For networks with servers running Windows 2000 Server and all other computers running Windows 2000 Professional, NetBIOS is no longer required for TCP/IP-based networking. Because of this change, WINS is needed for most networks but might not be required in some instances. In this lesson, you learn how to implement WINS on your network.
After this lesson, you will be able to
Estimated lesson time: 40 minutes
When deciding whether you need to use WINS, you should first consider the following questions:
Before you implement WINS in an internetwork, consider the number of WINS servers you will need. Only one WINS server is required for an internetwork because requests for name resolution are directed datagrams that can be routed. Two WINS servers ensure a backup system for fault tolerance. If one server becomes unavailable, the second server can be used to resolve names. You should also consider the following WINS server recommendations:
Before you install WINS, you should determine that your server and clients meet the configuration requirements. The WINS service must be configured on at least one computer within the TCP/IP internetwork running Windows NT Server or Windows 2000 Server (it does not have to be a domain controller). The server must have an IP address, subnet mask, default gateway, and other TCP/IP parameters. These parameters can be assigned by a DHCP server, but statically assigned parameters are recommended.
A WINS client can be a computer running any of the following supported operating systems:
The client must have an IP address of a WINS server configured for a primary WINS server or for primary and secondary WINS servers.
Follow these steps to install WINS on a Windows 2000-based server:
The Windows Component wizard opens.
The Networking Services dialog box appears.
Mapped name-to-address entries can be added to WINS in either of two ways:
Static entries are only useful when you need to add a name-to-address mapping to the server database for a computer that does not directly use WINS. For example, in some networks, servers running other operating systems cannot register a NetBIOS name directly with a WINS server. Although these names might be added to and resolved from an LMHOSTS file or by querying a DNS server, you might consider using a static WINS mapping instead.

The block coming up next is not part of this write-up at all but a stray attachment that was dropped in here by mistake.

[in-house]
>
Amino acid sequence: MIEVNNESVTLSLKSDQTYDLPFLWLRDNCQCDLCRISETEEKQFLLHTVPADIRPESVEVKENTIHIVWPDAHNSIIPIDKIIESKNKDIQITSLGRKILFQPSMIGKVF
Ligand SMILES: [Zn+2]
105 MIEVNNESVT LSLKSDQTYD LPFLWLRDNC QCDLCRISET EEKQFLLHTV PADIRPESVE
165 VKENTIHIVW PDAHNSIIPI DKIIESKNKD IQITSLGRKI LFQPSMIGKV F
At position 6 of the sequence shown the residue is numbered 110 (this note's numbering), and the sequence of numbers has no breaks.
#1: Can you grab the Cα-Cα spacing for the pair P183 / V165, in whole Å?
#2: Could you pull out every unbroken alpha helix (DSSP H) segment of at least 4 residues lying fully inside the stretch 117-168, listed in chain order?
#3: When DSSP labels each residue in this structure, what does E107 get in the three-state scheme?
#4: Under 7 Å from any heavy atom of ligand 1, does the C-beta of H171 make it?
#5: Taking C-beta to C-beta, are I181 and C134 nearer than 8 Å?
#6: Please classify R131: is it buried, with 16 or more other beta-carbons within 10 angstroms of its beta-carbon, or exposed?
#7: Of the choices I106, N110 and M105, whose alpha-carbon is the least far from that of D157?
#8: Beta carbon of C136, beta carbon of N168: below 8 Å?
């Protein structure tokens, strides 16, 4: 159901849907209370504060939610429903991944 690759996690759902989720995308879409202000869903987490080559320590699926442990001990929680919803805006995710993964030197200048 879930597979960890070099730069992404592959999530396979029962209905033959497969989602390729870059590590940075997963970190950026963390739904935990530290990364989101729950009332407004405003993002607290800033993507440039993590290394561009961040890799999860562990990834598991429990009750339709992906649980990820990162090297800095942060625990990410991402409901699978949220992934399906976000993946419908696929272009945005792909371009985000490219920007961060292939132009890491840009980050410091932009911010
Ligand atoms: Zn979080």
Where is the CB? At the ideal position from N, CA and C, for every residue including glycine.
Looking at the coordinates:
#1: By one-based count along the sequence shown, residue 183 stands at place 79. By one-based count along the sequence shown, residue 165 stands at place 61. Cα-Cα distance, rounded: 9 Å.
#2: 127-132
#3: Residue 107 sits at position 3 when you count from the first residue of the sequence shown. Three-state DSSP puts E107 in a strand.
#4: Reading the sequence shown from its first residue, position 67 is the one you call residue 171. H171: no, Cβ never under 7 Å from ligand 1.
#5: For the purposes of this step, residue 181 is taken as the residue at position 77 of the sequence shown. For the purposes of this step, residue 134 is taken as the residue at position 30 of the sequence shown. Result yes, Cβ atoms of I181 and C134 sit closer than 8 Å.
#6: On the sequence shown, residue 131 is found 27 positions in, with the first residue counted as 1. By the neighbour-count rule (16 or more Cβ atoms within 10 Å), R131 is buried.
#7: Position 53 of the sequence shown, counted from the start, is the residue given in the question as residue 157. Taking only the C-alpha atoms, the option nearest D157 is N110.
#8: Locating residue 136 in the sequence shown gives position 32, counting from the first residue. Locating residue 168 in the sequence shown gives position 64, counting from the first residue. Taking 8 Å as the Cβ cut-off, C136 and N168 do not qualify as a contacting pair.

Follow these steps to configure a static mapping:
The New Static Mapping dialog box appears, as illustrated in Figure 13.9.
Figure 13.9 The Add Static Mapping dialog box
You can also add additional static mapping entries, see table 13.3. Click Apply each time you complete an entry, and then click Cancel to close when you finish adding static mapping entries.
Table 13.3 Static WINS Mapping Types
|Unique||A unique name maps to a single IP address.|
|Group||Also referred to as a "Normal" group. When adding an entry to a group by using WINS Manager, you must enter the computer name and IP address. However, the IP addresses of individual members of a group are not stored in the WINS database. Because the member addresses are not stored, there is no limit to the number of members that can be added to a group. Broadcast name packets are used to communicate with group members.|
|Domain Name||A NetBIOS name-to-address mapping that has 0x1C as the 16th byte. A domain group stores up to a maximum of 25 addresses for members. For registrations after the 25th address, WINS overwrites a replica address or, if none is present, it overwrites the oldest registration.|
|Internet Group||Internet groups are user-defined groups that enable you to group resources, such as printers, for easy reference and browsing. An Internet group can store up to a maximum of 25 addresses for members. A dynamic member, however, does not replace a static member added by using WINS Manager or importing the LMHOSTS file.|
|Multihomed||A unique name that can have more than one address. This is used for multihomed computers. Each multihomed group name can contain a maximum of 25 addresses. For registrations after the 25th address, WINS overwrites a replica address or, if none is present, it overwrites the oldest registration.|
If a computer is a DHCP client, you can configure the DHCP server to provide DHCP clients with WINS configuration information. However, you can also manually configure WINS clients. If you manually configure WINS client computers with IP addresses of one or more WINS servers, those values take precedence over the same parameters that a DHCP server provides.